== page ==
A plaque remaining from the Big Apple Night Club at West 135th Street and Seventh Avenue in Harlem.

Above, a 1934 plaque from the Big Apple Night Club at West 135th Street and Seventh Avenue in Harlem. Discarded as trash in 2006. Now a Popeyes fast food restaurant on Google Maps.

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Entry from March 09, 2011
Youthquake or Youth Quake (youth + earthquake)

“Youthquake” (also spelled “youth quake”) was defined in the September 1965 Ebony magazine:
“They champion what is known as ‘Youthquake,’ which means super, boss, and a gas. It reflects the tempo of the times in music, dress and dance, and serves as the password for today’s turned-on generation.”
“Youthquake 1965” appeared in the January 1965 issue of Vogue magazine, and editor-in-chief Diana Vreeland is often given credit for coining the word. British fashion designer Mary Quant—who popularized the miniskirt and hot pants—is also frequently given credit for coining “youthquake.”
The term “youthquake” is associated with the 1960s, but was repopularized in the 2010s. Teen singing star Justin Bieber was said to have caused “youthquakes.” Revolutions by Muslim youth in the Middle East and North Africa in 2011 caused Time magazine in its February 17, 2011 issue to publish a story titled “Inside the Arab Youth Quake.”
Wikipedia: Youthquake (movement)
Youthquake was a 1960s fashion, musical and cultural movement. The term was coined by Vogue‘s editor-in-chief Diana Vreeland in 1963. London was the center of this movement. Teenagers dominated the fashion and music scene. The fashion of youthquake was fun, spirited and youthful – miniskirts and jumpsuits. Poster girls of the youthquakers such as Jean Shrimpton, Twiggy, Penelope Tree, Veruschka, and Edie Sedgwick were often on the cover of fashion magazines such as Vogue.
Mary Quant and Betsey Johnson were named as some of the fashion designers at the helm of the youthquake movement. Andy Warhol and his muses were also seen as part of the youthquake movement. Electronic artist, Alphabet Pony, makes reference to Edie Sedgwick, in his 2009 release, ‘Youthquake’.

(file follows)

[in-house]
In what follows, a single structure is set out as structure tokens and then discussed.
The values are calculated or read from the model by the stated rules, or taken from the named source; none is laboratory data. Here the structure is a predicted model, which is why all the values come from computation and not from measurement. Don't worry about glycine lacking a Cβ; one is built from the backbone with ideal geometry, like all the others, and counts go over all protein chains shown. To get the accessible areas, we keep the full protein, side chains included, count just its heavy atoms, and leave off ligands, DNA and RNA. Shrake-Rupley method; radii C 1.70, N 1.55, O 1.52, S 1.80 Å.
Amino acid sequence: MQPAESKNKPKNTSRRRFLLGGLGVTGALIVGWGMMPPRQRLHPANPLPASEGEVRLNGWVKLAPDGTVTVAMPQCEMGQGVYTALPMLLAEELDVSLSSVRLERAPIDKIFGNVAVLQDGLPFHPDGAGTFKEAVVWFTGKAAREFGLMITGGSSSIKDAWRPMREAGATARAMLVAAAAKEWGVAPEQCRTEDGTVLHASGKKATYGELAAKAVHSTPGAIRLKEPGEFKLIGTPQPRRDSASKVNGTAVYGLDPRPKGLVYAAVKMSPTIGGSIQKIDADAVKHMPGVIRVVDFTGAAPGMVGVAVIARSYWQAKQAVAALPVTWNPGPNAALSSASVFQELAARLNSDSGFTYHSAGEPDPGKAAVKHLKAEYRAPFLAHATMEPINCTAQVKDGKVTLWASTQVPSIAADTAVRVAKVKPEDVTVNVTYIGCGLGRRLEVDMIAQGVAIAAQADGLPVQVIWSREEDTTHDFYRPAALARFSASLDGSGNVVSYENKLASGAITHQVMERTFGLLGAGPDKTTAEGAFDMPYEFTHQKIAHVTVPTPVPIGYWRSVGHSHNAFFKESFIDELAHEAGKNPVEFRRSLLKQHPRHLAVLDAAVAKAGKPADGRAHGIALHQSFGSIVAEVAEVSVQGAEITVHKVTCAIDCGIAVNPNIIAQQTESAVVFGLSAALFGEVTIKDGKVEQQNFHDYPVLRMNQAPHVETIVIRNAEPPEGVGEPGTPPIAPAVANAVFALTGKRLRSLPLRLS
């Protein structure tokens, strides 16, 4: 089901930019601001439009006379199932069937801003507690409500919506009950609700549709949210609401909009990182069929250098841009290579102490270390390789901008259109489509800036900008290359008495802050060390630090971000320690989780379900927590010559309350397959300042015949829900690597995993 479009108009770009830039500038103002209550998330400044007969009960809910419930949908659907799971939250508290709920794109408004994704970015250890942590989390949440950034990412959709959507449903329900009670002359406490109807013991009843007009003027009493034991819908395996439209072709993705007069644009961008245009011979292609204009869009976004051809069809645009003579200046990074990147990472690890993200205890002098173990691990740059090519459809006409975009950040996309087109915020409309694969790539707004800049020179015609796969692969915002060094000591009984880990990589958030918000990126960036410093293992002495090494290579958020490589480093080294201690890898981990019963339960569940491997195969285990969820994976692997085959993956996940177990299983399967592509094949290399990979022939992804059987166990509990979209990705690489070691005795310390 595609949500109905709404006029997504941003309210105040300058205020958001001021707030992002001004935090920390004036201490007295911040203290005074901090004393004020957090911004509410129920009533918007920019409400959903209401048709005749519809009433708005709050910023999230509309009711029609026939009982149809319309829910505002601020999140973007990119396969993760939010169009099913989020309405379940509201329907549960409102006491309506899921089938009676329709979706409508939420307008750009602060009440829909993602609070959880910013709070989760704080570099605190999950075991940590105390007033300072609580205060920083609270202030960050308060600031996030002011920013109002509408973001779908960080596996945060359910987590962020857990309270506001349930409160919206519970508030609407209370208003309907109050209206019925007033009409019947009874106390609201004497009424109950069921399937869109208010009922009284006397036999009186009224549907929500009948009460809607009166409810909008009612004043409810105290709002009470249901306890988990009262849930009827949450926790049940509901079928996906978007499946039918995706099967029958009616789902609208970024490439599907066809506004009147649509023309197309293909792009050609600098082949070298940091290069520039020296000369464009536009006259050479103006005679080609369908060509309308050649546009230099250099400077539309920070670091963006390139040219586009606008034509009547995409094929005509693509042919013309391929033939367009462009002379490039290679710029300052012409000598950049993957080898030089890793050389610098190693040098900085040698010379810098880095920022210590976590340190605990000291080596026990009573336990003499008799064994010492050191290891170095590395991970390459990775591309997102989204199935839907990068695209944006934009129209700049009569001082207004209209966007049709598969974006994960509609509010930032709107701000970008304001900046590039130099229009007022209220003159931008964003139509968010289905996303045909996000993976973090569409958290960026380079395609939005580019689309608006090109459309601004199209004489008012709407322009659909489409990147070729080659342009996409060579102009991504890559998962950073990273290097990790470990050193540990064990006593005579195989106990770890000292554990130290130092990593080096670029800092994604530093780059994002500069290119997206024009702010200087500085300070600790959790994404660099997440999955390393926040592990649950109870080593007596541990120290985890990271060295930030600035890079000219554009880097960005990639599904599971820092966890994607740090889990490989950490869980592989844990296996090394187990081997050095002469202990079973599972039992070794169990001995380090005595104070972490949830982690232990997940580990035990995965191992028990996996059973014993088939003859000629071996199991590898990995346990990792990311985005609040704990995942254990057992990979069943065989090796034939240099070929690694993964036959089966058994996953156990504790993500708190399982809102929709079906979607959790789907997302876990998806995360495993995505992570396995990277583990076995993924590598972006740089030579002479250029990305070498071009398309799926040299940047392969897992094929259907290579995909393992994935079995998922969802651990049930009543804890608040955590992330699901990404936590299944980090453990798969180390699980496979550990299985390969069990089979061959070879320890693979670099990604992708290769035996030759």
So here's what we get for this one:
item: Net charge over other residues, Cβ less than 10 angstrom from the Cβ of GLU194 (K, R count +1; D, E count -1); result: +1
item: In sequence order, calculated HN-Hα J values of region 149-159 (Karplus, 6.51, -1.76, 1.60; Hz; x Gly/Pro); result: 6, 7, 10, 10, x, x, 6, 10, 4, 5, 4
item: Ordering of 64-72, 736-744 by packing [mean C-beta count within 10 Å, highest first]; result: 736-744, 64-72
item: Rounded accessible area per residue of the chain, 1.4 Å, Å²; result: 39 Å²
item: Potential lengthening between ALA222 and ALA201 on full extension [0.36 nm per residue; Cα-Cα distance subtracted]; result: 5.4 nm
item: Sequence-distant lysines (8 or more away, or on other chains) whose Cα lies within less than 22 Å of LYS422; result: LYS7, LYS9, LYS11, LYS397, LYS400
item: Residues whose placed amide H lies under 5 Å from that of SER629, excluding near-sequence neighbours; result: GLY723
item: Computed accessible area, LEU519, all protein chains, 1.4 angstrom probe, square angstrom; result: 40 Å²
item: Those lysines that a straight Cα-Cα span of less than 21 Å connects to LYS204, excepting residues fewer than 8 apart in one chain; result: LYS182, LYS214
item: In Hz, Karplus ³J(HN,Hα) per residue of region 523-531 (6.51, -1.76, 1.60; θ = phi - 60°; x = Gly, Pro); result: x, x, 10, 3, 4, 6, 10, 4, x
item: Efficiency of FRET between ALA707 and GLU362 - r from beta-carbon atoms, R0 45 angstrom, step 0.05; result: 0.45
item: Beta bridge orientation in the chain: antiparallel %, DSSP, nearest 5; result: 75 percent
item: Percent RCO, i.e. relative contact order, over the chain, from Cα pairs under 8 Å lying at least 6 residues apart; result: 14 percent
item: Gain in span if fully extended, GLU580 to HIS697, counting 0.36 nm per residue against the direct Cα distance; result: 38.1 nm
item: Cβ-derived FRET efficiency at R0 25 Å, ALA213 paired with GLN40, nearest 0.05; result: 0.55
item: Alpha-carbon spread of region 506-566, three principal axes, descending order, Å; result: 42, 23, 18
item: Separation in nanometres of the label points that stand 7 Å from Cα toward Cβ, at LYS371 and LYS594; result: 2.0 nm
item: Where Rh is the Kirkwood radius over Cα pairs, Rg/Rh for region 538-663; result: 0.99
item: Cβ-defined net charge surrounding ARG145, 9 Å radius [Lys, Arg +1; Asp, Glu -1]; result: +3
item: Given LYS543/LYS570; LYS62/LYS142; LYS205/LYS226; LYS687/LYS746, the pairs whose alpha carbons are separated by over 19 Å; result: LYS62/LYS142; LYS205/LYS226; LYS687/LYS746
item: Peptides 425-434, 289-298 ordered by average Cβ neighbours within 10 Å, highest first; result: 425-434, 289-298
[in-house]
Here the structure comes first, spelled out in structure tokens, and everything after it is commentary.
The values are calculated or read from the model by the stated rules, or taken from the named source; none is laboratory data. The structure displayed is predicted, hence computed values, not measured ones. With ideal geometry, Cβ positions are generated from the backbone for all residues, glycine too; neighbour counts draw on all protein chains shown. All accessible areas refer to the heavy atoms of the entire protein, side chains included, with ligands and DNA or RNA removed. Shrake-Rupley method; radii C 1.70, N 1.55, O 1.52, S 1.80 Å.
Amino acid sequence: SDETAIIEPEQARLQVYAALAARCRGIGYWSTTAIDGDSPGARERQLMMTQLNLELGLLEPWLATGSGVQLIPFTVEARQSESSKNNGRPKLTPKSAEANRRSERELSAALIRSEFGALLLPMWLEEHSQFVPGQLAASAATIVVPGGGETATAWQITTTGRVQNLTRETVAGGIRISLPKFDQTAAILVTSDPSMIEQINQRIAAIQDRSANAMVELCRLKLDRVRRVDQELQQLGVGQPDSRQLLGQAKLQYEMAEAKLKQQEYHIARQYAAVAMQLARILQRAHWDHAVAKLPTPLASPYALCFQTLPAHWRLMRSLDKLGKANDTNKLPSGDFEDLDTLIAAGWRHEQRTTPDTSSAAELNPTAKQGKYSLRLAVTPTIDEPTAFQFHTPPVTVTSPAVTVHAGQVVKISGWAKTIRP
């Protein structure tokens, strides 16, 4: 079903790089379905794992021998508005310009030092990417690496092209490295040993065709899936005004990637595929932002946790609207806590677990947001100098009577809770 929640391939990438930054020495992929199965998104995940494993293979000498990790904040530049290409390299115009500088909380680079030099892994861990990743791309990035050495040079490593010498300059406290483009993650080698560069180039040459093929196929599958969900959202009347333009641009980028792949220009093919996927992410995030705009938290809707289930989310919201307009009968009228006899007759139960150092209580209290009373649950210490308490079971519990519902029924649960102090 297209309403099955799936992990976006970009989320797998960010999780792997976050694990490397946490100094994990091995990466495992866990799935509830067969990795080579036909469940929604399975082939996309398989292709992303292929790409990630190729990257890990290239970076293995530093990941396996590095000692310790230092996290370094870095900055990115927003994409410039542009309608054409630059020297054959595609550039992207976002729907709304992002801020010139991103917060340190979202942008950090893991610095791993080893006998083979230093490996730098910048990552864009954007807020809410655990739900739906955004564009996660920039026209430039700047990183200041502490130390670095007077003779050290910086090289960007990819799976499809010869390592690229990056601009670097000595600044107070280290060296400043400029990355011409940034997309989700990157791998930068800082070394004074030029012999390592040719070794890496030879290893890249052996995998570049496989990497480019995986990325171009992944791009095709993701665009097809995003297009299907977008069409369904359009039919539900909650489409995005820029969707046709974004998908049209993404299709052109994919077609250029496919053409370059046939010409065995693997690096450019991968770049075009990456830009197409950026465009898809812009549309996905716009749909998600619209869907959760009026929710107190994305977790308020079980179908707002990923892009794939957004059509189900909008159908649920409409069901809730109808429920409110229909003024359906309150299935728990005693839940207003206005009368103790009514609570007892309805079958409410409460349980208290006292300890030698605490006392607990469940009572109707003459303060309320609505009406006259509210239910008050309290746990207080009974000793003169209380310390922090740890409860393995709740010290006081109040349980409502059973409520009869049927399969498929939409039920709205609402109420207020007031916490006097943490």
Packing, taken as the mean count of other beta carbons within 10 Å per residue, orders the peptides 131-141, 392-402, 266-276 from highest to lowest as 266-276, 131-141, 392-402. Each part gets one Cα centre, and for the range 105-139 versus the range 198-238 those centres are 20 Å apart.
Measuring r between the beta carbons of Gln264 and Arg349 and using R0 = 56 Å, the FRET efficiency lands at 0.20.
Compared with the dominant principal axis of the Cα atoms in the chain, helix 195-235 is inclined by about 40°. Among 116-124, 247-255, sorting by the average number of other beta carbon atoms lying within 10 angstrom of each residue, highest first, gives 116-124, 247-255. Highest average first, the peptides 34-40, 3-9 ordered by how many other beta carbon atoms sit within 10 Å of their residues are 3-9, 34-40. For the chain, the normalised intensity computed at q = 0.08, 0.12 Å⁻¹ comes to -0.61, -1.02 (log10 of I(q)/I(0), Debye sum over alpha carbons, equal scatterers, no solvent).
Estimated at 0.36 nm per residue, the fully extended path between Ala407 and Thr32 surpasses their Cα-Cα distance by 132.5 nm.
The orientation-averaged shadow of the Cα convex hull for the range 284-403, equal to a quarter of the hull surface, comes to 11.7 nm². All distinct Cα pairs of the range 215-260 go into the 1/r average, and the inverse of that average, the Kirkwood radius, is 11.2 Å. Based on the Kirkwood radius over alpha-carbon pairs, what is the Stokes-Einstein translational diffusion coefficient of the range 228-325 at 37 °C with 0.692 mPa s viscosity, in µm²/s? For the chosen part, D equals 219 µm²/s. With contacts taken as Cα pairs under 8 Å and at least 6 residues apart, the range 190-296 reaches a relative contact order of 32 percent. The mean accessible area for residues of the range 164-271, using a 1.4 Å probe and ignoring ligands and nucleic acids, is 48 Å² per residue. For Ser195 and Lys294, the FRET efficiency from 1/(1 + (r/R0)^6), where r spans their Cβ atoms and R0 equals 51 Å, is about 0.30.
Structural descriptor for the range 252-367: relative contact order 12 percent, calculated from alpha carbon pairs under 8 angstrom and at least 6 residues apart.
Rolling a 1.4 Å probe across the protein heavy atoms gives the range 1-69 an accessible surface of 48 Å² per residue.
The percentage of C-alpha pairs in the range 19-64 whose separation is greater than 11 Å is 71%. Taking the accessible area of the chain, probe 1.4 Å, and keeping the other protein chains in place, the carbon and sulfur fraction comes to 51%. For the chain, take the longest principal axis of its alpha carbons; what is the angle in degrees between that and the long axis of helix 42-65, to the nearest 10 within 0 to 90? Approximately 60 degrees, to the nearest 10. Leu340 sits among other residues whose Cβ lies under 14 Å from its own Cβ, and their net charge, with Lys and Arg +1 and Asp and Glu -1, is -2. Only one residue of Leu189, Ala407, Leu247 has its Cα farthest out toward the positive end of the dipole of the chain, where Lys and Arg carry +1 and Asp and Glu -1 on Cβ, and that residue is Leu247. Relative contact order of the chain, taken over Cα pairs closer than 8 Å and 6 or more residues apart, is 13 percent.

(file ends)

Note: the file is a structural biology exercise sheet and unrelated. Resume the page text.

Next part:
(Oxford English Dictionary)
youthquake, n.
Etymology:  <

youth n. after earthquake n.
The series of radical political and cultural upheavals occurring among students and young people in the 1960s.
1967 Punch 8 Nov. 708/2   Mary Quant opened her first Bazaar shop‥simultaneously with the first tremors of the youthquake.
1970 R. Neville Play Power 18   A unique feature of today’s Youthquake—as Vogue once dubbed it—is its intense, spontaneous internationalism.
1976 Sunday Mail (Brisbane) 5 Sept. 19/3   He’s built an empire based on the youthquake.
Conde Nast Archive Blog
A New Era in Vogue Fashion: Youthquake 1965
September 21, 2009 10:54 pm
“There is a marvelous moment that starts at thirteen and wastes no time. No longer waits to grow up, but makes its own way, its own look by the end of the week. The dreams, still there, break into action: writing, singing acting, designing. Youth, warm and gay as a kitten yet self-sufficient as James Bond, is surprising countries east and west with a sense of assurance serene beyond all years.
First hit by the surprise-wave, England and France already accept the new jump-off age as one of the exhilarating realities of life today. The same exuberant tremor is now coursing through America – which practically invented this century’s youth in the first place.
The year’s in its youth, the youth in its year. Under 24 and over 90,000,000 strong in the U.S. alone. More dreamers. More doers. Here. Now. Youthquake 1965.”
[1] Vogue January 1, 1965. 112
8 May 1965, Delaware County Daily Times (Chester, PA), TV listings, pg. 8A, col. 3:
TV 10 Reports—“Youthquake”
4 June 1965, New York (NY) Times, “College Girls Are Paraded and Feted While Magazines Pick Their Brains” by Angela Taylor, pg. 24, photo caption:
Glamour magazine threw its annual party Wednesday night at Roseland for the 10 Best-Dressed College Girls who will appear in the August issue. A crowd of more than 2,000 paid $15 each for charity and to see a wild “Youth Quake” show.
22 August 1965, New York (NY) Times, pg. SMA16 ad:
Why did they choose it for this “Youthquake” dress? Because nothing stays as new as Durene.
(Durene ad—ed.)
Google Books
September 1965, Ebony, pg. 158:
‘Youthquake’ Creation To Highlight Big Show
Most of these designers have chosen to stay with the conventional, but some, like Mary Quant, have sounded the countdown, and are already off in space. They champion what is known as “Youthquake,” which means super, boss, and a gas. It reflects the tempo of the times in music, dress and dance, and serves as the password for today’s turned-on generation.
2 September 1965, New York (NY) Times, “Models Go-Go—and So Do Fashions” by Virginia Lee Warren, pg. 35:
Yesterday it was Best’s turn to present what was called a Youthquake—live rock ‘n’ roll, along with whirling, capering models in clothes by Mary Quant, who started the whole mod movement in London eight years ago, and by Tuffin & Foale, younger both in years and experience.   
21 October 1965, New York (NY) Times, pg. 16 ad:
For Puritan is a giant of fashion, with many divisions creating lovely things for you. Newest…and newsiest…is Puritan’s “Daphne”, stirring up a Youth-quake wherever it appears.
(Puritan Fashions Corp.—ed.)
Justin Bieber: Never say never
February 11th, 2011 10:03 am ET
I am not a fan of Justin Bieber but I do recommend this movie. Now I know why there is such a ‘youthquake’ with this kid.
Time magazine
Thursday, Feb. 17, 2011
Rage, Rap and Revolution: Inside the Arab Youth Quake
By Bobby Ghosh

Posted by Barry Popik
New York CityGovernment/Law/Military/Religion /Health • Wednesday, March 09, 2011 • Permalink

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